Jonny Branney: An observational study of changes in cervical inter-vertebral motion and the relationship with patient-reported outcomes in patients undergoing spinal manipulative therapy for neck pain

Jonny Branney using quantitative fluoroscopy techniques to analyse spinal manipulation therapy's effect on neck pain patients.Jonny Branney using quantitative fluoroscopy techniques to analyse spinal manipulation therapy's effect on neck pain patients.

Researcher: Jonny Branney

For his PhD alongside BU’s School of Health and Social Care, Jonny (Jonathan) Branney is researching whether spinal manipulative therapy is associated with changes in the movement of the joints in the neck (cervical spine), and whether any such changes are related to patient-reported improvement. The study uses quantitative fluoroscopy (QF) which utilises low-dose motion x-rays to measure the movements of the vertebrae as a participant moves. The images are analysed using a bespoke computer program to     measure the movement between individual inter-vertebral levels.

The first stage of the project was to find out the accuracy of quantitative fluoroscopy (QF) using a model             constructed from two cervical vertebrae. Then, imaging sequences were obtained from a subgroup of people and analysed for intra-observer and inter-observer repeatability.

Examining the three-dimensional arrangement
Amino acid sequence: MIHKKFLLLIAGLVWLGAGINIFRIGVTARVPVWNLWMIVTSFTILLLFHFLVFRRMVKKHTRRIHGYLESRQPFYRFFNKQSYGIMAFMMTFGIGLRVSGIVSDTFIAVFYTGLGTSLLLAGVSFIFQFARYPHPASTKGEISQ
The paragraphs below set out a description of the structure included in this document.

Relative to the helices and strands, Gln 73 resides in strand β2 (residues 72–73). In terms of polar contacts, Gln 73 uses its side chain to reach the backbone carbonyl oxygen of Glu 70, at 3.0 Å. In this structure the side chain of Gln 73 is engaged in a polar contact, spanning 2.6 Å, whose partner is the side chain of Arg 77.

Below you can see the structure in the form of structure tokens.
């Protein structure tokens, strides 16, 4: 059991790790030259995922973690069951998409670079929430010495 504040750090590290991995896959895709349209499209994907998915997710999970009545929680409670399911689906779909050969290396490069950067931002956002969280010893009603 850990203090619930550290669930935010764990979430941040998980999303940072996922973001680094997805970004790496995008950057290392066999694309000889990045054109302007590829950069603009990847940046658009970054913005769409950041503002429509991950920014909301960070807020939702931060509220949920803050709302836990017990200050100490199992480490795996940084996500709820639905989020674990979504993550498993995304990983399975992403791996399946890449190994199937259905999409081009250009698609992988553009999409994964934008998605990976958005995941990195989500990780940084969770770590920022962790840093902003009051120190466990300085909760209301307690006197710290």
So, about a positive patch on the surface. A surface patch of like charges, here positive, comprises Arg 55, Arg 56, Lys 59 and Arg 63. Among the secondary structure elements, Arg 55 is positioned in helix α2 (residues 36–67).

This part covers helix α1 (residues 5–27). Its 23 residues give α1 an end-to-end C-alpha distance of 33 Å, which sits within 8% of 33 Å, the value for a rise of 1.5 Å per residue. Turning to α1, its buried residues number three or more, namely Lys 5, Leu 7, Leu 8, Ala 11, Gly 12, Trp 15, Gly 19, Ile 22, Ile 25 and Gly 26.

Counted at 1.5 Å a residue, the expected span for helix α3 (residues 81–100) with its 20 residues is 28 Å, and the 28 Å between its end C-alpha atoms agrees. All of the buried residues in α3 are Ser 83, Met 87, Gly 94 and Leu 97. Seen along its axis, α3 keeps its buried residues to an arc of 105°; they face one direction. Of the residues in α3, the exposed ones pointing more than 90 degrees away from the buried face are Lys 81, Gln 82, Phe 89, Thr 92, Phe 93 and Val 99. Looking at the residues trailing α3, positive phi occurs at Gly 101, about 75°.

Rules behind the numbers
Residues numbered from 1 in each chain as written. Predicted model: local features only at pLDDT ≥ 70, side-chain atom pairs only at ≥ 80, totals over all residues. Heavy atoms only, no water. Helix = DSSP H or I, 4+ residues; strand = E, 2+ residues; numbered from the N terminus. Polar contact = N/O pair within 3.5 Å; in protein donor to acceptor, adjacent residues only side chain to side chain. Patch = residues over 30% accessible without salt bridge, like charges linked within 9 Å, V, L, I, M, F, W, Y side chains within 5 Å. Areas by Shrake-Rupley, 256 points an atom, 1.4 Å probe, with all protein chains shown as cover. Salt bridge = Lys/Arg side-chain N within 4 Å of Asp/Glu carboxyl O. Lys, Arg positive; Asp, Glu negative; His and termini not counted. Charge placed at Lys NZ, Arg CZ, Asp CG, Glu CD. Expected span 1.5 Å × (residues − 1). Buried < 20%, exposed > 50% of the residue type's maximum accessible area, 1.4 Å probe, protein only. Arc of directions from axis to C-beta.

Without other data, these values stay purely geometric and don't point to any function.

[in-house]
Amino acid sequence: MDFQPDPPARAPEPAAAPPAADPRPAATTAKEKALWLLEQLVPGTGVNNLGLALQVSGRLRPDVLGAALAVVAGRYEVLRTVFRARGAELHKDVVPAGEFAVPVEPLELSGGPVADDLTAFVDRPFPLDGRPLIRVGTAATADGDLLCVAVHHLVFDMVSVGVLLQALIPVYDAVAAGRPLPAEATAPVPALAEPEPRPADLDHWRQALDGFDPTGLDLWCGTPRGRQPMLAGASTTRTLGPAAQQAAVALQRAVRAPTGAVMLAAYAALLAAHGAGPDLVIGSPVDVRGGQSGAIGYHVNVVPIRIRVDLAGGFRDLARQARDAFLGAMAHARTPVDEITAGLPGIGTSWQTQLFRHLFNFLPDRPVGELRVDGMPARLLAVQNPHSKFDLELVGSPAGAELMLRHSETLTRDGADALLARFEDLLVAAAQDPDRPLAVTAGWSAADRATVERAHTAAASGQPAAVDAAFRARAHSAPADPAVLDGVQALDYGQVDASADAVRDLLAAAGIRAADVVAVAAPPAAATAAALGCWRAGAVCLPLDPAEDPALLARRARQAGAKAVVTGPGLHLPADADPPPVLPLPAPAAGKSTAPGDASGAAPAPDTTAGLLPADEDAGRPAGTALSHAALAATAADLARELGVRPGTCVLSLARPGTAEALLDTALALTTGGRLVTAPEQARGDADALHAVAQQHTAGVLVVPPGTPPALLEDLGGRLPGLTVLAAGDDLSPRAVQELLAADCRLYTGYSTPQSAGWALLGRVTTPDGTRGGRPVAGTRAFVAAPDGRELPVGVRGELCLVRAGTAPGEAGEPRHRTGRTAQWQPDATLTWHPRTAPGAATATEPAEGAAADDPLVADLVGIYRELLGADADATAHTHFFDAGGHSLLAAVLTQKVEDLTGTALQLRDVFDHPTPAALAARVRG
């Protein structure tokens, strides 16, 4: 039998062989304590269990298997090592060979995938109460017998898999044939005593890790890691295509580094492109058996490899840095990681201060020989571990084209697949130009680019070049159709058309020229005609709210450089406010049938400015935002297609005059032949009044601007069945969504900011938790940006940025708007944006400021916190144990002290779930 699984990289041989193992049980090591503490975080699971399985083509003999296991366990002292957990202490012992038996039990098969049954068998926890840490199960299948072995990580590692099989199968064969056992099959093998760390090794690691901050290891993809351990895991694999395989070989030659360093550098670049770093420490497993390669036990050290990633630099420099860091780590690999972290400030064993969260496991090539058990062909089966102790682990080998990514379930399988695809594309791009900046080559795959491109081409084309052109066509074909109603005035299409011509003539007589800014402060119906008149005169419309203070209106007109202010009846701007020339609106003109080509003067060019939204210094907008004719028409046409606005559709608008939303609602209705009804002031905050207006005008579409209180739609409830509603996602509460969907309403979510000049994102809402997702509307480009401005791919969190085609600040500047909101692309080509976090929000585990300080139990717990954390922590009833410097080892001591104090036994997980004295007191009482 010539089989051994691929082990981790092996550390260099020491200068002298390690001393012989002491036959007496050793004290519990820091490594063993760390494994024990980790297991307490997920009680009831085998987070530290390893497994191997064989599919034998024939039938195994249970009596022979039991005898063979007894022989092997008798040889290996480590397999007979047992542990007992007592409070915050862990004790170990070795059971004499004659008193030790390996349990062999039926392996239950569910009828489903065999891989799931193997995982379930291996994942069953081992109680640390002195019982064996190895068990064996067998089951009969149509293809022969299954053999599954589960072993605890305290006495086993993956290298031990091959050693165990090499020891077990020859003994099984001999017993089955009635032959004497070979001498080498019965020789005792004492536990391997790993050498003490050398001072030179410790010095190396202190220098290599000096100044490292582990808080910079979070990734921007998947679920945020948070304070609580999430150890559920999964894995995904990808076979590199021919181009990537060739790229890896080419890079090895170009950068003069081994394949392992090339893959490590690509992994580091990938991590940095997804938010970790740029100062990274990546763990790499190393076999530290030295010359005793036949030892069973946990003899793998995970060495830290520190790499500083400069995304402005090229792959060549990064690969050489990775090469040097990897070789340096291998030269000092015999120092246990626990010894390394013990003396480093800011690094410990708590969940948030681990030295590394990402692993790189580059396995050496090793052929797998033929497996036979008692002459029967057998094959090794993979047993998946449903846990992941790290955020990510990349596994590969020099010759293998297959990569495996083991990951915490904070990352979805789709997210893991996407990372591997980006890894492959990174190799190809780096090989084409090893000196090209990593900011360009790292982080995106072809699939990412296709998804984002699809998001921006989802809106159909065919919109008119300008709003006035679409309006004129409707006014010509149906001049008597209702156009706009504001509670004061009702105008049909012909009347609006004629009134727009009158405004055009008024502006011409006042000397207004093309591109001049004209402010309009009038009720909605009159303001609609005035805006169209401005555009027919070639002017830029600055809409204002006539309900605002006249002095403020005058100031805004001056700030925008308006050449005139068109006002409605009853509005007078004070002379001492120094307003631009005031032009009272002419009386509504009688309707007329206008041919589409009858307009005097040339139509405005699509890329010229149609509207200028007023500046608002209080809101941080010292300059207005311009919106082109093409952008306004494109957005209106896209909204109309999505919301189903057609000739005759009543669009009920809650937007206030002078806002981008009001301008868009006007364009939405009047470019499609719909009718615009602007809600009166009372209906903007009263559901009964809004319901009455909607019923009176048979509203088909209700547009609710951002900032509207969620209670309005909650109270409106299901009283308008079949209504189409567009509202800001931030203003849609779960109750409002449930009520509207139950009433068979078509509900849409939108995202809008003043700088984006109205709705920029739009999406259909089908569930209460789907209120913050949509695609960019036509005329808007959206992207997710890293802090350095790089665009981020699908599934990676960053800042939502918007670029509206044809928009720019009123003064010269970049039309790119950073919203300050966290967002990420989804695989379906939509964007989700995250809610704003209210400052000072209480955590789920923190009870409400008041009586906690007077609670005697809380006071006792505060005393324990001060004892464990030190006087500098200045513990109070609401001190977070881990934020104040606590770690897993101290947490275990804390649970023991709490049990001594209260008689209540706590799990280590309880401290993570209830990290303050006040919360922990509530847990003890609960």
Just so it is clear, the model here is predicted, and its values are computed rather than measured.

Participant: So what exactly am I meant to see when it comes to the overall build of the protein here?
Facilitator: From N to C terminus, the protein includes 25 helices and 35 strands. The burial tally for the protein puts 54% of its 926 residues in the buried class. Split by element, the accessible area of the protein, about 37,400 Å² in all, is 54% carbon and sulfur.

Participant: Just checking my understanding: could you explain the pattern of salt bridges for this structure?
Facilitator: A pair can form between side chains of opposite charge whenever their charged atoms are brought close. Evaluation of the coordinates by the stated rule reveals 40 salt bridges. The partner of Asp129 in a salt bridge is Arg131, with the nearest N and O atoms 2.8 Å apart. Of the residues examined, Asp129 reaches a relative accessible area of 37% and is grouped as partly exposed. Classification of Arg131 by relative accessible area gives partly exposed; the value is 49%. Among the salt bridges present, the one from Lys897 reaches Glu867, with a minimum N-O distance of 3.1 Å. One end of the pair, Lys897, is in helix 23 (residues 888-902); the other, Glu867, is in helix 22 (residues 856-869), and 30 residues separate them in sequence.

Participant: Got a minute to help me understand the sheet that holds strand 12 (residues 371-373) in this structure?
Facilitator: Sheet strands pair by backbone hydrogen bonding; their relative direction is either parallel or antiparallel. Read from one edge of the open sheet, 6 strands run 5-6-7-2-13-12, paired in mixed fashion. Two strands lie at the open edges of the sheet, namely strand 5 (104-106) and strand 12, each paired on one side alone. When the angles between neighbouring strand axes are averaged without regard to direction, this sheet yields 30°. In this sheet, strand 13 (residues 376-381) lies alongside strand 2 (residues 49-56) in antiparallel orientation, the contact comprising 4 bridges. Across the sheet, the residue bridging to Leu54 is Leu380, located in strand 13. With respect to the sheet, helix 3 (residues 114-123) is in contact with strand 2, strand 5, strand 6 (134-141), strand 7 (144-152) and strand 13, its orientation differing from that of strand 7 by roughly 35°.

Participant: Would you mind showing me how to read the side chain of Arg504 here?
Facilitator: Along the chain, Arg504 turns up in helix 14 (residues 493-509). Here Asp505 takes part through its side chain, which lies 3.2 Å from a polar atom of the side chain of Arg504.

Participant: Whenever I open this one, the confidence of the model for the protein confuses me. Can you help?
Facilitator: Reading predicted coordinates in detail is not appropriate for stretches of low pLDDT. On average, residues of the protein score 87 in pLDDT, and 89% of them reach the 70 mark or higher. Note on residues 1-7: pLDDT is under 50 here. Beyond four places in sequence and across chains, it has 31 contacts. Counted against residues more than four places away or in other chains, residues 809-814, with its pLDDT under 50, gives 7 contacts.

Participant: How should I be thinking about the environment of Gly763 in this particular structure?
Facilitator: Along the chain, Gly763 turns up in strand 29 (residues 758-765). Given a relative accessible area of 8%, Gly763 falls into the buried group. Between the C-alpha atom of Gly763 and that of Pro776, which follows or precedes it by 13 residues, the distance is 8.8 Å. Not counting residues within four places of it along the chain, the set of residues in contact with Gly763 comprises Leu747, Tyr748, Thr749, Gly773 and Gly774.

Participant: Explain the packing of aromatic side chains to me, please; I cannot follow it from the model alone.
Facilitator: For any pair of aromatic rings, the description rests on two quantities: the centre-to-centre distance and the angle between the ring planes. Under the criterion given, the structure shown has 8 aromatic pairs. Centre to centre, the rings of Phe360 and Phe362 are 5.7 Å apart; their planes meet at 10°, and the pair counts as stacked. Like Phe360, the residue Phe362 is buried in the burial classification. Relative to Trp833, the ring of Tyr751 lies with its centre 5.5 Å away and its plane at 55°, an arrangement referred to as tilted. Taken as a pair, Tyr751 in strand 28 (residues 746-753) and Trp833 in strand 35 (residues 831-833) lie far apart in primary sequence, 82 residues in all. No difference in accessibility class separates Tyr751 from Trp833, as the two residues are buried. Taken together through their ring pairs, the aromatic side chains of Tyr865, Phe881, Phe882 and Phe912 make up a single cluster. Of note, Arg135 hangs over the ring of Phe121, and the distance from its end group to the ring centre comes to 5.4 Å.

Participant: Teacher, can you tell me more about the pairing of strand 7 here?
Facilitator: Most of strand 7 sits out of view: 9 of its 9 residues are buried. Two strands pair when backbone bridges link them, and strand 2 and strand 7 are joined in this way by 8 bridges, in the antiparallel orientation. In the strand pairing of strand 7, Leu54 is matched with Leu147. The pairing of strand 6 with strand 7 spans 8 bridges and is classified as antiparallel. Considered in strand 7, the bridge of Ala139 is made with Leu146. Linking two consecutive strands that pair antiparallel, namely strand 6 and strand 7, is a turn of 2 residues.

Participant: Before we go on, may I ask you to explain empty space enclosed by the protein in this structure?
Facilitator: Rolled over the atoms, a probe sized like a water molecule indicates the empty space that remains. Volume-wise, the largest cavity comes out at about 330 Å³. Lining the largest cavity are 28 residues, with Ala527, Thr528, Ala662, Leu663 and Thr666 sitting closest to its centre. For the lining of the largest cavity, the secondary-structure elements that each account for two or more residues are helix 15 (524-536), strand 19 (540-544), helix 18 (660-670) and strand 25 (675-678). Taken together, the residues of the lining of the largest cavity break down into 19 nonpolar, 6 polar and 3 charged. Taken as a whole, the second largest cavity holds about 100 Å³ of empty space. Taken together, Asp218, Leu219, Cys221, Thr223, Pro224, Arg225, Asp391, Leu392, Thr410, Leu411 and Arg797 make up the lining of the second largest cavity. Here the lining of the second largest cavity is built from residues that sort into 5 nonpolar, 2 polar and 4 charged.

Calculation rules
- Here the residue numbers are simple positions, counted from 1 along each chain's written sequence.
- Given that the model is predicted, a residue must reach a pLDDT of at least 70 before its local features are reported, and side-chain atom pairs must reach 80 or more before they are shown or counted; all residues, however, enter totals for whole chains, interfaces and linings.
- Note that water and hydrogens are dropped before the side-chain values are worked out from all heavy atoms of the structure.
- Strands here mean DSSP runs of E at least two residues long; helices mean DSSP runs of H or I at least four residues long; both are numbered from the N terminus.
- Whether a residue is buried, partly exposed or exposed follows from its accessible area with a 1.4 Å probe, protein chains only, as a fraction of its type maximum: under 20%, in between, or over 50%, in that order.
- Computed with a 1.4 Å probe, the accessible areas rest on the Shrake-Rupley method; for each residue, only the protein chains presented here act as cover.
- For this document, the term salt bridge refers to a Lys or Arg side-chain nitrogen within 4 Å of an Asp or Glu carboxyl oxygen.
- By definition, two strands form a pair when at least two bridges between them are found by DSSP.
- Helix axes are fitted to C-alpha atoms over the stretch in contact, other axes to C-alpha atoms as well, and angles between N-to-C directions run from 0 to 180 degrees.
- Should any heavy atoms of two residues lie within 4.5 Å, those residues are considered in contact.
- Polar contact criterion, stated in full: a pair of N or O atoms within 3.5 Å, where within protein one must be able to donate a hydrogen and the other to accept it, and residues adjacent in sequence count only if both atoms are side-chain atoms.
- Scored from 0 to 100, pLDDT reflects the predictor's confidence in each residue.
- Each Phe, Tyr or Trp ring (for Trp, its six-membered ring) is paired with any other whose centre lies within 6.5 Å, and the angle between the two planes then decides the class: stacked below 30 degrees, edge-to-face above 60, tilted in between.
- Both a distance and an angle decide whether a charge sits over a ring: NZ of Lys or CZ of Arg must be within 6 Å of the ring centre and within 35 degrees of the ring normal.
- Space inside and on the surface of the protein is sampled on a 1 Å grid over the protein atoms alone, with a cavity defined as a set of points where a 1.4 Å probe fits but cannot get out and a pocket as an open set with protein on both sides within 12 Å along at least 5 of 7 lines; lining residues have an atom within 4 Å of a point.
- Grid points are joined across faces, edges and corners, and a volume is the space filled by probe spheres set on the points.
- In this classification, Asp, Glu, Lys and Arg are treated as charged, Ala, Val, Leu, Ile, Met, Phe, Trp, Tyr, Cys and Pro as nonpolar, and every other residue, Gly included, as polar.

These two studies showed that QF was sufficiently accurate and repeatable (i.e. a repeated measurement gives a similar result) for the purposes of the main study.

For this part of the study, 30 patients with neck pain had their cervical motion at each inter-vertebral level          measured before and after treatment with spinal manipulative therapy, which was given over four weeks. They were also given questionnaires to measure any improvement in their neck pain.

30 matched healthy volunteers (who had no neck pain) also had two QF assessments four weeks apart, but         received no treatment. This allowed the comparison of both groups for any changes in motion at inter-vertebral levels in patients receiving manipulation with the natural variation in such motion determined from data from healthy volunteers.

Finally, any such changes are being explored in relation to changes in pain, disability, quality of life, global                improvement and satisfaction.

The statistical analysis is nearly finished and this PhD will represent the first study to actually measure in detail what neck manipulation does to inter-vertebral motion and whether the changes are related to patients getting better.

 

For more information, you can follow Jonny’s blog:

http://chiroresearcher.wordpress.com/